Studies & Literature

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"Trans-Atlantic Relations-Overcoming New Challenges"

Speech by the Rt. Hon. Lord Robertson of Port Ellen, Secretary General of NATO
hosted by
The American Enterprise Institute Washington, D.C. March 7, 2001

Sen. Thompson, Bill Schneider, Jeff Gedmin, ladies and gentlemen,

I am very grateful for those introductions, and pleased to be able to speak to you from the home of the United Stales Senate. I cannot think of a better place to discuss the challenges facing NATO and my thoughts on how we get through them in ways that actually leave NATO stronger and better for the effort. 

I am also very pleased to speak to you under the auspices of the American Enterprise Institute's New Atlantic Initiative. It is gratifying to have a dedicated, political and think-tank effort aimed at renewing American support for NATO.

EuroFEDERALISM(I) in the third Millenium - - or 1787 revisited?
Kevin Anthony Stoda
Texas A & M University

"I know that the term 'federation' irritates many Britons. But to date I have been unable to come up with another word. We do not wish to irritate anyone."  

-Joschka Fischer, 2000 

I. The Treaty on European Union (TEU) was formally signed by both foreign and finance ministers at Maastricht in 1992. Prior to this passage, one of the key issues that the intergovernmental committees had struggled over was how the EU should be described. Neill Nugent (1994: 65) relates that " both in terms of its character and the stage of evolutionary process most states wanted the word 'federal' included, and would have settled for a phrase which appeared in drafts where the Treaty was described as marking 'a new stage in the process leading to a Union with a federal goal'. The UK government, however, was completely unwilling to see 'the F word' appear in any form at all and in the political trading which occurred at the Maastricht summit this point was conceded to the United Kingdom and the reference to federalism was replaced." Why was this word federalism--to which the EU seems headed--waylaid by the British at Maastricht? Is such a federalism the same as what Americans know or is it something particularly European?--or does Eurofederalism have a common definition that American political scientists can agree upon, too?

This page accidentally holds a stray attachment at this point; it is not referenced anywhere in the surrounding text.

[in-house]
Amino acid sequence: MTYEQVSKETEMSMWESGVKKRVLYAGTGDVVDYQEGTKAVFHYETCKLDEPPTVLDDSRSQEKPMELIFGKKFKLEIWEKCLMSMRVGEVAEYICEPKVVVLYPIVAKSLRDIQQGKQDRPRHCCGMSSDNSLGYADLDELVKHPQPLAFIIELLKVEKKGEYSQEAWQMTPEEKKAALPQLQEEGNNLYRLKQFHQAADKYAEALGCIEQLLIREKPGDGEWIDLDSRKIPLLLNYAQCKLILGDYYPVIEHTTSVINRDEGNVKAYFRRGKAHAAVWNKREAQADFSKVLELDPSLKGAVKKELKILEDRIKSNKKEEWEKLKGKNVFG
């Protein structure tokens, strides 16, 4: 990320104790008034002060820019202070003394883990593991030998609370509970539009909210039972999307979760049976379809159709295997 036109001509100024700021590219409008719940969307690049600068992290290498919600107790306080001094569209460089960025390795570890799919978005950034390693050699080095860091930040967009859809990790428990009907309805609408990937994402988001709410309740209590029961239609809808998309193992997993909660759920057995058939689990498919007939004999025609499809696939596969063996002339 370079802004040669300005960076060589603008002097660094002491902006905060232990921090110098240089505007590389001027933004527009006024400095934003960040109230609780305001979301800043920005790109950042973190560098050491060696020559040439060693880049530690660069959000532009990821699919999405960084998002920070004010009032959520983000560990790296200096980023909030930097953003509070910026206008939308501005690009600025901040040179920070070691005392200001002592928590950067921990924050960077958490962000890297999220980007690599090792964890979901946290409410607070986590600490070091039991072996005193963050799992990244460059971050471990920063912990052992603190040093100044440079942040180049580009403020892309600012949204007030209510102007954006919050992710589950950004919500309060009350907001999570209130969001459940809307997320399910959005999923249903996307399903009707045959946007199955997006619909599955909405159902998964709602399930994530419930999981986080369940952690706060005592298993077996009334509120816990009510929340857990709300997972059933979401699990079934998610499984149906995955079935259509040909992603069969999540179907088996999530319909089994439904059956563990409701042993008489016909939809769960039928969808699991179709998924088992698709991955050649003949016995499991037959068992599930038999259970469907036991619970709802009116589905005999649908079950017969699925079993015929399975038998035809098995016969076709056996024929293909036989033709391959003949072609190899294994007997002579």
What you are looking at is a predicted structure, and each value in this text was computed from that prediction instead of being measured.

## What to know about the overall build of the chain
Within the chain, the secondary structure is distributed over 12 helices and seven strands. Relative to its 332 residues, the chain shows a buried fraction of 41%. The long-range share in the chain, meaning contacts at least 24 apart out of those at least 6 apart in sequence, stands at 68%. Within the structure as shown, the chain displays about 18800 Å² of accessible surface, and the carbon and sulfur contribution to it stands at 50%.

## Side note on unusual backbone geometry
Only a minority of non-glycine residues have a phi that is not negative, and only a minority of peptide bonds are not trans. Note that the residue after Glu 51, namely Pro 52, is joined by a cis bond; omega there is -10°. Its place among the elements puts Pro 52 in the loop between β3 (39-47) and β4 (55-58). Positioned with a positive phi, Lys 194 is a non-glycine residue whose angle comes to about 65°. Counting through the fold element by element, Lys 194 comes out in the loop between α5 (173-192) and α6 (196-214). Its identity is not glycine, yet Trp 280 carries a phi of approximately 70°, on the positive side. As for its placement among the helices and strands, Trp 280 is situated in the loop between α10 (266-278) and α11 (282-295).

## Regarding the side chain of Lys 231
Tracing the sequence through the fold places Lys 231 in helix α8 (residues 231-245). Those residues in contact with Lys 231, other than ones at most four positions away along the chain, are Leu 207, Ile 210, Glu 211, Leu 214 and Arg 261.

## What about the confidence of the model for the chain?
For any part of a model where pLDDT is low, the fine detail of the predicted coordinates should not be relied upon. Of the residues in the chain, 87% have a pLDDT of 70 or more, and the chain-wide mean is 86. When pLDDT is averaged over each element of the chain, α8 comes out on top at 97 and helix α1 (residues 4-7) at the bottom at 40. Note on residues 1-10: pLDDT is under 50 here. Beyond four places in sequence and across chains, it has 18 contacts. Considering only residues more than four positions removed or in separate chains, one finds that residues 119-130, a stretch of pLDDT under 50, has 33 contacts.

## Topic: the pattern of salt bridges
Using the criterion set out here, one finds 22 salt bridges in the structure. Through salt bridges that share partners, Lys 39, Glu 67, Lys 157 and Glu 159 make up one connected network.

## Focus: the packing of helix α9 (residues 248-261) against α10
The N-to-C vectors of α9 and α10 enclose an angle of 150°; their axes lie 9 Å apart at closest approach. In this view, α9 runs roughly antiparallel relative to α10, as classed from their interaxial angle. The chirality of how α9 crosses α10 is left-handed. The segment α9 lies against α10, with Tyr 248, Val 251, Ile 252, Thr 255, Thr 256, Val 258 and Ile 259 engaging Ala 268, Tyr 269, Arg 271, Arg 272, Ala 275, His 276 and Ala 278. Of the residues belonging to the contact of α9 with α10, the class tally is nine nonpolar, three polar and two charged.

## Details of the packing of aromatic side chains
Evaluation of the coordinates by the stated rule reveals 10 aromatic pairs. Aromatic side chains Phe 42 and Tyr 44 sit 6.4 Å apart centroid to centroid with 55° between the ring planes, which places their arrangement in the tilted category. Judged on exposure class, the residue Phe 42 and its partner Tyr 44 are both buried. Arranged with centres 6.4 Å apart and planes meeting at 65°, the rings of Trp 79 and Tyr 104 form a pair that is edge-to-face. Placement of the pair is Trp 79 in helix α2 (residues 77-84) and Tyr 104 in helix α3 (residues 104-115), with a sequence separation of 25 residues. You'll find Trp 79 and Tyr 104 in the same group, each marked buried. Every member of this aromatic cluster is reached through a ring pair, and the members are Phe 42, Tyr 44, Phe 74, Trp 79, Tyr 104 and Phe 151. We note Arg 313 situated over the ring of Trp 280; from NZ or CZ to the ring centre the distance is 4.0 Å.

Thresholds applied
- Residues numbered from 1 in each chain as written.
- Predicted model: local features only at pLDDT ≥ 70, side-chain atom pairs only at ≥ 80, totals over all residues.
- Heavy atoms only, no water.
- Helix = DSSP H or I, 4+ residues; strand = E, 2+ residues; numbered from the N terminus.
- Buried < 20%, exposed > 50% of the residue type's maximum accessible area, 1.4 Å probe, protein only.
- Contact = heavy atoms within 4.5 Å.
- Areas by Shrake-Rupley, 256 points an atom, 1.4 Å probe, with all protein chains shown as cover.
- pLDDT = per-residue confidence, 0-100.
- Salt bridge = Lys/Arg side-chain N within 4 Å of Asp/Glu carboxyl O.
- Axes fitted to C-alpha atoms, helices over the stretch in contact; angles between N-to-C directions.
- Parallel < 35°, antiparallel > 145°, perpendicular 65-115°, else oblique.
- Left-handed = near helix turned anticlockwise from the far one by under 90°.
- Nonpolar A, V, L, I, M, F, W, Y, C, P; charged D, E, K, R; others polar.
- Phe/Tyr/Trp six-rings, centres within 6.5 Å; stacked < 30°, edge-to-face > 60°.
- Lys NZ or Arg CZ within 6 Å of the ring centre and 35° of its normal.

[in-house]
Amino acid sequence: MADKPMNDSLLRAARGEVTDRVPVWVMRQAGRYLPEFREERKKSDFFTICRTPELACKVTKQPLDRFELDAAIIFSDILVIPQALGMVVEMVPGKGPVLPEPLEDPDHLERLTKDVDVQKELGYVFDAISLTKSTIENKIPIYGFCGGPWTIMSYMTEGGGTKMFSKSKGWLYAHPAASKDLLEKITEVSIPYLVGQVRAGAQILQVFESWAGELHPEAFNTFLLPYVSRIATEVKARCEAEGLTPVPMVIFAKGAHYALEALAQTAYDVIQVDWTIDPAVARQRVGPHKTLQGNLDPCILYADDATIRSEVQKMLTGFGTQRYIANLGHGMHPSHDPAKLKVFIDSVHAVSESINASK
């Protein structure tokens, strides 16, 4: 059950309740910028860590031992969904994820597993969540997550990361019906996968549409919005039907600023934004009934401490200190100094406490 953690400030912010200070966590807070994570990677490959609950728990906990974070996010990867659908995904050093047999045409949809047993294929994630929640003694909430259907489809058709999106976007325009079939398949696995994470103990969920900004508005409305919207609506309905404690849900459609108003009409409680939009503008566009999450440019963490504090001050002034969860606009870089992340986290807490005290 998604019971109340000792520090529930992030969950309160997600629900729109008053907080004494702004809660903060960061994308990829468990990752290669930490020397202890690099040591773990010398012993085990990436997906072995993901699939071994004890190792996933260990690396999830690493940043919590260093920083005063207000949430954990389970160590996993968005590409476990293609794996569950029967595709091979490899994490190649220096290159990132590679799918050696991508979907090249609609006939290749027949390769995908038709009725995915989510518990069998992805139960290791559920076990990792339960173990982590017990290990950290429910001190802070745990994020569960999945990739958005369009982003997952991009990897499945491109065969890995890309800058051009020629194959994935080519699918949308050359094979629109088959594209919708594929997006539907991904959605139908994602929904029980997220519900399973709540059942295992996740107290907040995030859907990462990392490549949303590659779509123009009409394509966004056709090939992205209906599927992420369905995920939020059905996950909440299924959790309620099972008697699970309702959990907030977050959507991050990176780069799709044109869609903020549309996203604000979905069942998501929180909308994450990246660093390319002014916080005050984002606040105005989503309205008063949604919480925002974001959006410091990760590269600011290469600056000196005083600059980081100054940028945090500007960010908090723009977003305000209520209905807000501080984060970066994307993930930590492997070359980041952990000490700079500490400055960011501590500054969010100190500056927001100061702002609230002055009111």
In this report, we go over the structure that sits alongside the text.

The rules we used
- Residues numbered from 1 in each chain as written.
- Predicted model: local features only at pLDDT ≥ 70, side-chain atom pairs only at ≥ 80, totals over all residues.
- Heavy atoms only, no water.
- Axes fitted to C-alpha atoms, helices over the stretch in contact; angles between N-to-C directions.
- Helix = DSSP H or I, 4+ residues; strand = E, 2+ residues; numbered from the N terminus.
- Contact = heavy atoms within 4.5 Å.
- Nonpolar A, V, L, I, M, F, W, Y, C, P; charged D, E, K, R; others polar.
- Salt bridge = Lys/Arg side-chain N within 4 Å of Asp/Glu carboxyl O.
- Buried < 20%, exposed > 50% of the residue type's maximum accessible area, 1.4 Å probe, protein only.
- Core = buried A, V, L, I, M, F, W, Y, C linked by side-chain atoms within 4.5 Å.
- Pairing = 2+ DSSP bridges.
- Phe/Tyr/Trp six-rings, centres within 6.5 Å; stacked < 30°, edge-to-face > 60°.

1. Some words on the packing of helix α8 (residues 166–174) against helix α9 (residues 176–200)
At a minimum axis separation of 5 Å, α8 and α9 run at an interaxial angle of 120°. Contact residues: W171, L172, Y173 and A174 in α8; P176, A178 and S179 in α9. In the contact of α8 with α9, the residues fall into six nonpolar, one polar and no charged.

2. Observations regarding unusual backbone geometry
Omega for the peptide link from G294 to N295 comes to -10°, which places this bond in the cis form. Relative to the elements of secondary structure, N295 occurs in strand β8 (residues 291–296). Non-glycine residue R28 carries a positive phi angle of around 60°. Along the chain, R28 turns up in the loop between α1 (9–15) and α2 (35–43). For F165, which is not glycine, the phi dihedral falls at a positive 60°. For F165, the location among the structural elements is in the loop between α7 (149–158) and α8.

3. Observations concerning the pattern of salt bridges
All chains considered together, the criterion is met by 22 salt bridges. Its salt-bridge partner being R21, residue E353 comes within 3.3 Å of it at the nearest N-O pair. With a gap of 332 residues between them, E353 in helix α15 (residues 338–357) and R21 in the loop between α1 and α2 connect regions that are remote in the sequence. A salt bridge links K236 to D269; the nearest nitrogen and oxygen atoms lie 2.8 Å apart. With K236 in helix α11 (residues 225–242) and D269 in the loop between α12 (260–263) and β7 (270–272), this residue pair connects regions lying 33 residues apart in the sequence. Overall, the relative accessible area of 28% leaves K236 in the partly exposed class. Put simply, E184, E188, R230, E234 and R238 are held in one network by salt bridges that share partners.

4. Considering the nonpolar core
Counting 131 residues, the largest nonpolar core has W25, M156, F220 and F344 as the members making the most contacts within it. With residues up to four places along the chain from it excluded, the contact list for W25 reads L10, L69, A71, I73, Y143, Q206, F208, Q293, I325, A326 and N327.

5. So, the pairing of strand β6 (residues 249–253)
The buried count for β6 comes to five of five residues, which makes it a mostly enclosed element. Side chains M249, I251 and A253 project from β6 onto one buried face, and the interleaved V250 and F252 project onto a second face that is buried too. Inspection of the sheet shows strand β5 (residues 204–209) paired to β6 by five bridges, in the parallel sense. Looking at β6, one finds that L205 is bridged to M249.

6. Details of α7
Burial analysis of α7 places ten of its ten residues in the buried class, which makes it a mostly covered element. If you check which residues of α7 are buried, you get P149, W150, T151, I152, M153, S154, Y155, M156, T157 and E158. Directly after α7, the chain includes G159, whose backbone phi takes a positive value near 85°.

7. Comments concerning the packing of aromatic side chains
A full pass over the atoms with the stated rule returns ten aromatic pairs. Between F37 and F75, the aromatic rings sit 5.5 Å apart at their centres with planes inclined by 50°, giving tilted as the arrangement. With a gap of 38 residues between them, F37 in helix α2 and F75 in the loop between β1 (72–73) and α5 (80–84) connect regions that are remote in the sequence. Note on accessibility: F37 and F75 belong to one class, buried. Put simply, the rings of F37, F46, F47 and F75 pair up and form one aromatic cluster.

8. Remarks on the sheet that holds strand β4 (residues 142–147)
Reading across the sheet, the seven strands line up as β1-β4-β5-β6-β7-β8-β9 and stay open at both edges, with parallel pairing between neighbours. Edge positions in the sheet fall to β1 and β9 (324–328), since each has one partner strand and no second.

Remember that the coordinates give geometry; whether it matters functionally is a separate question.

"From Confederacy to Federation - Thoughts on the finality of European integration"
Speech by Joschka Fischer at the Humboldt University in Berlin, 12 May 2000

(Translation of advance text)

Fifty years ago almost to the day, Robert Schuman presented his vision of a "European Federation" for the preservation of peace. This heralded a completely new era in the history of Europe. European integration was the response to centuries of a precarious balance of powers on this continent which again and again resulted in terrible hegemonic wars culminating in the two World Wars between 1914 and 1945.